Weaknesses and loopholes in customs controls, say EU Auditors

Important weaknesses and loopholes indicate that EU customs controls are not being applied effectively, according to a new report from the European Court of Auditors. This has an adverse effect on EU finances, say the auditors.
calendar icon 6 December 2017
clock icon 3 minute read

Goods entering EU Member States from outside the European Union are subject to customs controls before they are released for free circulation within the EU. However, importers can deliberately reduce or evade customs duty liability by, for example, undervaluing their goods, declaring a false country of origin or shifting to a product classification with a lower duty rate.

The auditors examined whether the European Commission and the Member States had designed robust controls on imports. They visited the customs authorities of five Member States: Spain, Italy, Poland, Romania and the United Kingdom.

They found serious weaknesses indicating that there are shortcomings in the legal framework, as well as ineffective implementation of customs controls on imports. This adversely affects the financial interests of the EU.

Pietro Russo, the Member of the European Court of Auditors responsible for the report, said:

Customs duties make up 14% of the EU budget, or about €20 billion. Their evasion increases the customs gap and must be compensated by higher GNI contributions by Member States. This cost is ultimately borne by European taxpayers.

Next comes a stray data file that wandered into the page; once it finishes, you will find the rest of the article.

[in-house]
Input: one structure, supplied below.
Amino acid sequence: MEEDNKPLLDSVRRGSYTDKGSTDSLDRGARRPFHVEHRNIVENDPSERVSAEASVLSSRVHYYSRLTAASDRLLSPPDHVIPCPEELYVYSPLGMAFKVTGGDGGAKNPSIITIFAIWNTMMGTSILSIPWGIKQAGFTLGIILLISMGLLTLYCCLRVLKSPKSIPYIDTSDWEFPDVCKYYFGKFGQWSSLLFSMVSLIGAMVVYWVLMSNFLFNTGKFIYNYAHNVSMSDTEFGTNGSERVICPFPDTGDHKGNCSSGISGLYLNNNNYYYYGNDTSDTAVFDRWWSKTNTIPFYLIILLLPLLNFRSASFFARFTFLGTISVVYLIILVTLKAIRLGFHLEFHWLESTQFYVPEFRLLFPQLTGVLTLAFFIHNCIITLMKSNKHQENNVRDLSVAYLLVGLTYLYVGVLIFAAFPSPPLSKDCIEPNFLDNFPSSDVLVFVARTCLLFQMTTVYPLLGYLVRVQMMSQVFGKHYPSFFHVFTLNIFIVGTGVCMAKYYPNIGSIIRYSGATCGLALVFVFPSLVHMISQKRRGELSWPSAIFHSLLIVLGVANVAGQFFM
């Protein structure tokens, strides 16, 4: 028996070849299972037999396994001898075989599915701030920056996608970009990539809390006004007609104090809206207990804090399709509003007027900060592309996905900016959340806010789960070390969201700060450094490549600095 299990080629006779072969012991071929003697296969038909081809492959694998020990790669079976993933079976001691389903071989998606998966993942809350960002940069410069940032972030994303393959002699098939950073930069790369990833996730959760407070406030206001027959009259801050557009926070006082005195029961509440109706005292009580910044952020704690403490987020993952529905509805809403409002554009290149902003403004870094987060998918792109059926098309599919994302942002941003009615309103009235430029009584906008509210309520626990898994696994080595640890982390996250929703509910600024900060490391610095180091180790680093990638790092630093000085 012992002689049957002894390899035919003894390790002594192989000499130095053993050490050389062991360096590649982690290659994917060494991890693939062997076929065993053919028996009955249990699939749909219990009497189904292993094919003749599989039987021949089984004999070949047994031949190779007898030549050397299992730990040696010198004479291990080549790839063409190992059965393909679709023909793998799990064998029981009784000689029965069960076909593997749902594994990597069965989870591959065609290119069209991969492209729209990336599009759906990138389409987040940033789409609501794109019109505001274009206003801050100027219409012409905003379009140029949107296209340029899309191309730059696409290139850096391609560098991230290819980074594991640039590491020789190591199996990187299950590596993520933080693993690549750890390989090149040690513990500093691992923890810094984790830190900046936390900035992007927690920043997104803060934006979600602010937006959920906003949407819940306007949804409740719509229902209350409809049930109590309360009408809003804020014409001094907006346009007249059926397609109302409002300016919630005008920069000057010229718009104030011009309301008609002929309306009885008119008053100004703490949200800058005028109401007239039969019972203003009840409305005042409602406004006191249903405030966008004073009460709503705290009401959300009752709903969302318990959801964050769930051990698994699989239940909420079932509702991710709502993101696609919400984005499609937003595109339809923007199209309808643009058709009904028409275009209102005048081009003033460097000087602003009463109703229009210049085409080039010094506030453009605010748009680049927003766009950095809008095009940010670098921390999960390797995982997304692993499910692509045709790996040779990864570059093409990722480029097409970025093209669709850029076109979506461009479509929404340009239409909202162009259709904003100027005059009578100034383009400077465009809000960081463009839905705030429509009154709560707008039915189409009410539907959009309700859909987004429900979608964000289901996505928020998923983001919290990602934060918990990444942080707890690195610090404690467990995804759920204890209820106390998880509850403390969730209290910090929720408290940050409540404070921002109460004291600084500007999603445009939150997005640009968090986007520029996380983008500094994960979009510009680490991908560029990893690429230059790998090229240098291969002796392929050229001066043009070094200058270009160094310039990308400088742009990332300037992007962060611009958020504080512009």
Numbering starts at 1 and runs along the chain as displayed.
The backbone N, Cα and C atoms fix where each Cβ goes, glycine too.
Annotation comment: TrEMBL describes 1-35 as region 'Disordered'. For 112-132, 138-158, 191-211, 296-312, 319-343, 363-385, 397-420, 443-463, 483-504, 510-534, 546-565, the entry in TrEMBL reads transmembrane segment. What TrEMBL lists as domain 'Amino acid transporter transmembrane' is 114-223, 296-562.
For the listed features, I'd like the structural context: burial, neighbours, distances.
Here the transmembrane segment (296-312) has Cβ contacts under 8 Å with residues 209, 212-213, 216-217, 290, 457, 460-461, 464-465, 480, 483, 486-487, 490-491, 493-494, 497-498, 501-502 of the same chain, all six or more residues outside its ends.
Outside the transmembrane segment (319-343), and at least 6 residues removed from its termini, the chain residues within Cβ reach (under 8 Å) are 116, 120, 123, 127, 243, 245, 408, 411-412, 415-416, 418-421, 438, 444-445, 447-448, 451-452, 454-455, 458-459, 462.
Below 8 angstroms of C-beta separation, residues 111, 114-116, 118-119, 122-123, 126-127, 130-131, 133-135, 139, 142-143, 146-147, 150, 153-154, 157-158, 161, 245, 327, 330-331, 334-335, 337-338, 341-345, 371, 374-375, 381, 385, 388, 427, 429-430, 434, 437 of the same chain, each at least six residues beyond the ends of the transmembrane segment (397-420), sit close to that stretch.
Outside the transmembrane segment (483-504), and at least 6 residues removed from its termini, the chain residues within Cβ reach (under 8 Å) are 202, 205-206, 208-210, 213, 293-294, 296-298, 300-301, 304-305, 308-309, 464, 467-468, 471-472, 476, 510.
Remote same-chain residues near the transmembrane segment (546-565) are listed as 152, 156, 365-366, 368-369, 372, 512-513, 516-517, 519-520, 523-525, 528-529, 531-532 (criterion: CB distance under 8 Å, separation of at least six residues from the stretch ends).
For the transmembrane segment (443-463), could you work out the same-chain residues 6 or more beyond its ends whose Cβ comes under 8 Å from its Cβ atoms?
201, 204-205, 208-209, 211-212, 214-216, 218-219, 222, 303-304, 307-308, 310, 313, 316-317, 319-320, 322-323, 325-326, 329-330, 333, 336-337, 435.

There is insufficient financial incentive for Member States to apply customs controls, say the auditors. Those which do apply customs controls, but are not successful in recovering losses to the EU revenue, risk financial consequences, whereas those which do not apply such controls may face no risk. In addition, a number of loopholes exist in the Member States with regard to the control of imports.

The auditors recommend that the European Commission:

  • Produce periodic estimates of the customs gap from 2019 and use them to set customs controls targets;
  • Strengthen support for national customs services, including a review of collection costs;
  • Propose that the next EU action programmes contribute financial sustainability to the customs European Information Systems;
  • Be more precise in requests contained in Mutual Assistance communications;
  • Propose amendments to customs legislation to make the indication of consignors compulsory.

To read the full report, click here

As reported by the European Court of Auditors

Emily Houghton

Editor, The Pig Site

Emily Houghton is a Zoology graduate from Cardiff University and was the editor of The Pig Site from October 2017 to May 2020. Emily has worked in livestock husbandry, and has written, conducted and assisted with research projects regarding the synthesis of welfare and productivity of free-range food species.

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